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Oxford Electric Bell

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The Oxford Electric Bell in December 2009
Charged by the two piles, the clapper moves back and forth between the two bells.

The Oxford Electric Bell or Clarendon Dry Pile is an experimental electric bell, in particular a type of bell that uses the electrostatic clock principle that was set up in 1840 and which has run nearly continuously ever since. It was one of the first pieces purchased for a collection of apparatus by clergyman and physicist Robert Walker.[1][2] It is located in a corridor adjacent to the foyer of the Clarendon Laboratory at the University of Oxford, England, and is still ringing, albeit inaudibly due to being behind two layers of glass.



The experiment consists of two brass bells, each positioned beneath a dry pile (a form of battery), the pair of piles connected in series, giving the bells opposite electric charges. The clapper is a metal sphere approximately 4 mm (316 in) in diameter suspended between the piles, which rings the bells alternately due to electrostatic forces. When the clapper touches one bell, it is charged by that pile. It is then repelled from that bell due to having the same charge and attracted to the other bell, which has the opposite charge. The clapper then touches the other bell and the process reverses, leading to oscillation. The use of electrostatic forces means that while high voltage is required to create motion, only a tiny amount of charge is carried from one bell to the other. As a result, the batteries drain very slowly, which is why the piles have been able to last since the apparatus was set up in 1840. Its oscillation frequency is 2 hertz.[3]

The exact composition of the dry piles is unknown, but it is known that they have been coated with molten sulfur for insulation and it is thought that they may be Zamboni piles.[2]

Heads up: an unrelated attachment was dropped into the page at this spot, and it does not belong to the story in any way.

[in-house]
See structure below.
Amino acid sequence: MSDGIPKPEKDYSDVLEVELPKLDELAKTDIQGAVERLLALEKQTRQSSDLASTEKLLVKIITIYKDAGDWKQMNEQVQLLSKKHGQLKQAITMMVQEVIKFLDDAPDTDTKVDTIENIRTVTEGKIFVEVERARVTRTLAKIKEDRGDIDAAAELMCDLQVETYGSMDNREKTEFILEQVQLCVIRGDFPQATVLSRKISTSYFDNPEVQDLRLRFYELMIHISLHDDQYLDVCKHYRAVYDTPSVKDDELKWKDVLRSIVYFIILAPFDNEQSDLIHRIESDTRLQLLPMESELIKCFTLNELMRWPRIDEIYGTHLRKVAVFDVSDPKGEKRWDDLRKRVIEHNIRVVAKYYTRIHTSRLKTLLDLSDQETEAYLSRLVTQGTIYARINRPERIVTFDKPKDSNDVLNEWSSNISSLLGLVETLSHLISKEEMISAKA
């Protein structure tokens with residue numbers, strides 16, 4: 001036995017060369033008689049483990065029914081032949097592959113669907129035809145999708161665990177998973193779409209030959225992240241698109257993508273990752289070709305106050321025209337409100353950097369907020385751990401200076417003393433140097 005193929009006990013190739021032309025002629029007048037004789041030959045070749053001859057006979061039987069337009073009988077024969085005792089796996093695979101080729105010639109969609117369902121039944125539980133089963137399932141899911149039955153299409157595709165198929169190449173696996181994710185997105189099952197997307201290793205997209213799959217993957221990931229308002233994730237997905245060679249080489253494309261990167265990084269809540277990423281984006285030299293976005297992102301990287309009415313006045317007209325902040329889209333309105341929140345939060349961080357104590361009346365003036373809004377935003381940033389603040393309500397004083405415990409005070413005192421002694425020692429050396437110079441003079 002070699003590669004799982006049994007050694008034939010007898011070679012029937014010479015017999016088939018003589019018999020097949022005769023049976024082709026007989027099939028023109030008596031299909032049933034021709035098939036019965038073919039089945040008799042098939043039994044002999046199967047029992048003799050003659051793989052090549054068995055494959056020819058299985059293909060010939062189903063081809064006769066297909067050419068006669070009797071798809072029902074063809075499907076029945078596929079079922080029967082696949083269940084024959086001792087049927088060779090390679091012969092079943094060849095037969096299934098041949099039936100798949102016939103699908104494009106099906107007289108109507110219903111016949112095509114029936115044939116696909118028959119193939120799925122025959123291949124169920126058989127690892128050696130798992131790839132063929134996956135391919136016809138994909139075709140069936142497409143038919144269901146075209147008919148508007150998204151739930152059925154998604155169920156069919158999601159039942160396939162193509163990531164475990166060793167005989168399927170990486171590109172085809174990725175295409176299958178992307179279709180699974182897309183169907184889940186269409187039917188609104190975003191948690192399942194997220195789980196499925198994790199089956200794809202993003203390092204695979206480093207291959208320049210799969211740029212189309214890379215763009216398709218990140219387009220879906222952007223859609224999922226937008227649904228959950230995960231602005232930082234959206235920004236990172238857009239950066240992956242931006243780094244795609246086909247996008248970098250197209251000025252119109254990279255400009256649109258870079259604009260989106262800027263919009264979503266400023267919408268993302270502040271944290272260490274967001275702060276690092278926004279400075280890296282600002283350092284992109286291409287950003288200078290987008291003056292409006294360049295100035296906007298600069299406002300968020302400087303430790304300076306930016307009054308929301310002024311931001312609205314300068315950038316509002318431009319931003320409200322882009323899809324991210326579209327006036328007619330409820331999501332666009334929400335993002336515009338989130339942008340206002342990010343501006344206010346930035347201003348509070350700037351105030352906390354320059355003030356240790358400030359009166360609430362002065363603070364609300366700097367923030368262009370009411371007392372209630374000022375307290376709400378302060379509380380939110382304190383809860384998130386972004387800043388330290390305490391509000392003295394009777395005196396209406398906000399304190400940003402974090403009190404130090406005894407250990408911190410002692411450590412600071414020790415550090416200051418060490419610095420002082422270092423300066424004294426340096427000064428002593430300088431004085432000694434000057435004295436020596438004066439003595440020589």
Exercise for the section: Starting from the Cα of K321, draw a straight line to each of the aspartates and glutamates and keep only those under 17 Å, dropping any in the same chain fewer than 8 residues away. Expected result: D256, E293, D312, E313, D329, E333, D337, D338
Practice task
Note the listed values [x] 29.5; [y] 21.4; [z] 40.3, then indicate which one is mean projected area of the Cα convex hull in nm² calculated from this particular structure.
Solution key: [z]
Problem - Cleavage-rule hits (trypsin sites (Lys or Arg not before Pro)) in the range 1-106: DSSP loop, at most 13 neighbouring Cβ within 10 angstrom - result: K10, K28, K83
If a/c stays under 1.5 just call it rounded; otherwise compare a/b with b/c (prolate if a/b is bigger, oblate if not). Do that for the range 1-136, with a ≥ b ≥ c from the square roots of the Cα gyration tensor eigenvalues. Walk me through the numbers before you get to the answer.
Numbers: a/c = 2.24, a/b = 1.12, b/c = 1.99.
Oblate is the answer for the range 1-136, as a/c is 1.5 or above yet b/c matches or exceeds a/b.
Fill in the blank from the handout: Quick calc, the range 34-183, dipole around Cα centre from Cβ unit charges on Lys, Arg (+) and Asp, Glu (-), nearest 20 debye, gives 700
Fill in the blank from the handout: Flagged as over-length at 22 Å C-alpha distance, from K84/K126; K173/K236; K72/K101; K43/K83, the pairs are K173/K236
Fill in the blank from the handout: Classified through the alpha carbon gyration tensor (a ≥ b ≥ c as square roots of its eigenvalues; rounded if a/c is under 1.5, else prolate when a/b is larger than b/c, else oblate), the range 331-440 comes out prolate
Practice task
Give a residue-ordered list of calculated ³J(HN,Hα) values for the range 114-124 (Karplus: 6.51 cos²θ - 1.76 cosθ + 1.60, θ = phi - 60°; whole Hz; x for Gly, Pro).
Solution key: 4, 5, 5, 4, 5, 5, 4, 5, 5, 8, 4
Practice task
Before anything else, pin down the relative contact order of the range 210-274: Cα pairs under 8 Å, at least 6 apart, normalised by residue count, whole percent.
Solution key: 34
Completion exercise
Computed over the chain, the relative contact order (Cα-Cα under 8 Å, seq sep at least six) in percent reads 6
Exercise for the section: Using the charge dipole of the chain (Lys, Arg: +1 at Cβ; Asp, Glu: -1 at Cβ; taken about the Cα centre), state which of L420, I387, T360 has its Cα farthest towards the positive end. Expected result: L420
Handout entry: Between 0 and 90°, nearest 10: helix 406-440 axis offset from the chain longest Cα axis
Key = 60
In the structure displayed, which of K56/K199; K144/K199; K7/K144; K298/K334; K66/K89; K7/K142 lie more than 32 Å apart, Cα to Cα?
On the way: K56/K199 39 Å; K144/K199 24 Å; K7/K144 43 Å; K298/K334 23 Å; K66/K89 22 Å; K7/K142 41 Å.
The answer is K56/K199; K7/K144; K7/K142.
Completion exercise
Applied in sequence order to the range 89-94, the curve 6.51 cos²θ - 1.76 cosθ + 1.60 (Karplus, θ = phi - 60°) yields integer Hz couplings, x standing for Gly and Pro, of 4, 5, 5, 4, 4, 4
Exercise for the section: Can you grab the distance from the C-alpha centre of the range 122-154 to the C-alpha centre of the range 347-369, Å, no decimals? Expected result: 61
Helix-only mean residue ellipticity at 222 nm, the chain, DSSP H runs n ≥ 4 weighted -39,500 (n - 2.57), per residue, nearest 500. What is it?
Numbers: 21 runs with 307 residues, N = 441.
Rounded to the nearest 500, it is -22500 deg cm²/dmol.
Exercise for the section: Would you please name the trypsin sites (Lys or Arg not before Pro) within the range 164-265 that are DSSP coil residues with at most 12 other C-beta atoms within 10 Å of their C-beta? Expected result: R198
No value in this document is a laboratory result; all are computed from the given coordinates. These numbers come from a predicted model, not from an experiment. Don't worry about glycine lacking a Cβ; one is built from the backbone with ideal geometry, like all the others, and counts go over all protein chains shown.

At one point this sort of device played an important role in distinguishing between two different theories of electrical action: the theory of contact tension (an obsolete scientific theory based on then-prevailing electrostatic principles) and the theory of chemical action.[4]

The Oxford Electric Bell does not demonstrate perpetual motion. The bell will eventually stop when the dry piles have distributed their charges equally if the clapper does not wear out first.[5][6] The Bell has produced approximately 10 billion rings since 1840 and holds the Guinness World Record as "the world's most durable battery [delivering] ceaseless tintinnabulation".[2]



Apart from occasional short interruptions caused by high humidity, the bell has rung continuously since 1840.[7] The bell may have been constructed in 1825.[2]

See also



  1. ^ "Walker, Robert". Oxford Dictionary of National Biography (online ed.). Oxford University Press. doi:10.1093/ref:odnb/38098. (Subscription or UK public library membership required.)
  2. ^ a b c d "Exhibit 1 – The Clarendon Dry Pile". Department of Physics. Oxford University. Retrieved 30 January 2021.
  3. ^ Oxford Electric Bell, Atlas Obscura.
  4. ^ Willem Hackmann. "The Enigma of Volta's "Contact Tension" and the Development of the "Dry Pile"" (PDF). ppp.unipv.it. Retrieved 2 March 2018.
  5. ^ The World's Longest Experiment Archived 3 March 2016 at the Wayback Machine, The Longest List of the Longest Stuff at the Longest Domain Name at Long Last.
  6. ^ The Latest on Long-Running Experiments Archived 5 February 2016 at the Wayback Machine, Improbable Research.
  7. ^ Ord-Hume, Arthur W. J. G. (1977). Perpetual Motion: The History of an Obsession. George Allen & Unwin. p. 172.

Further reading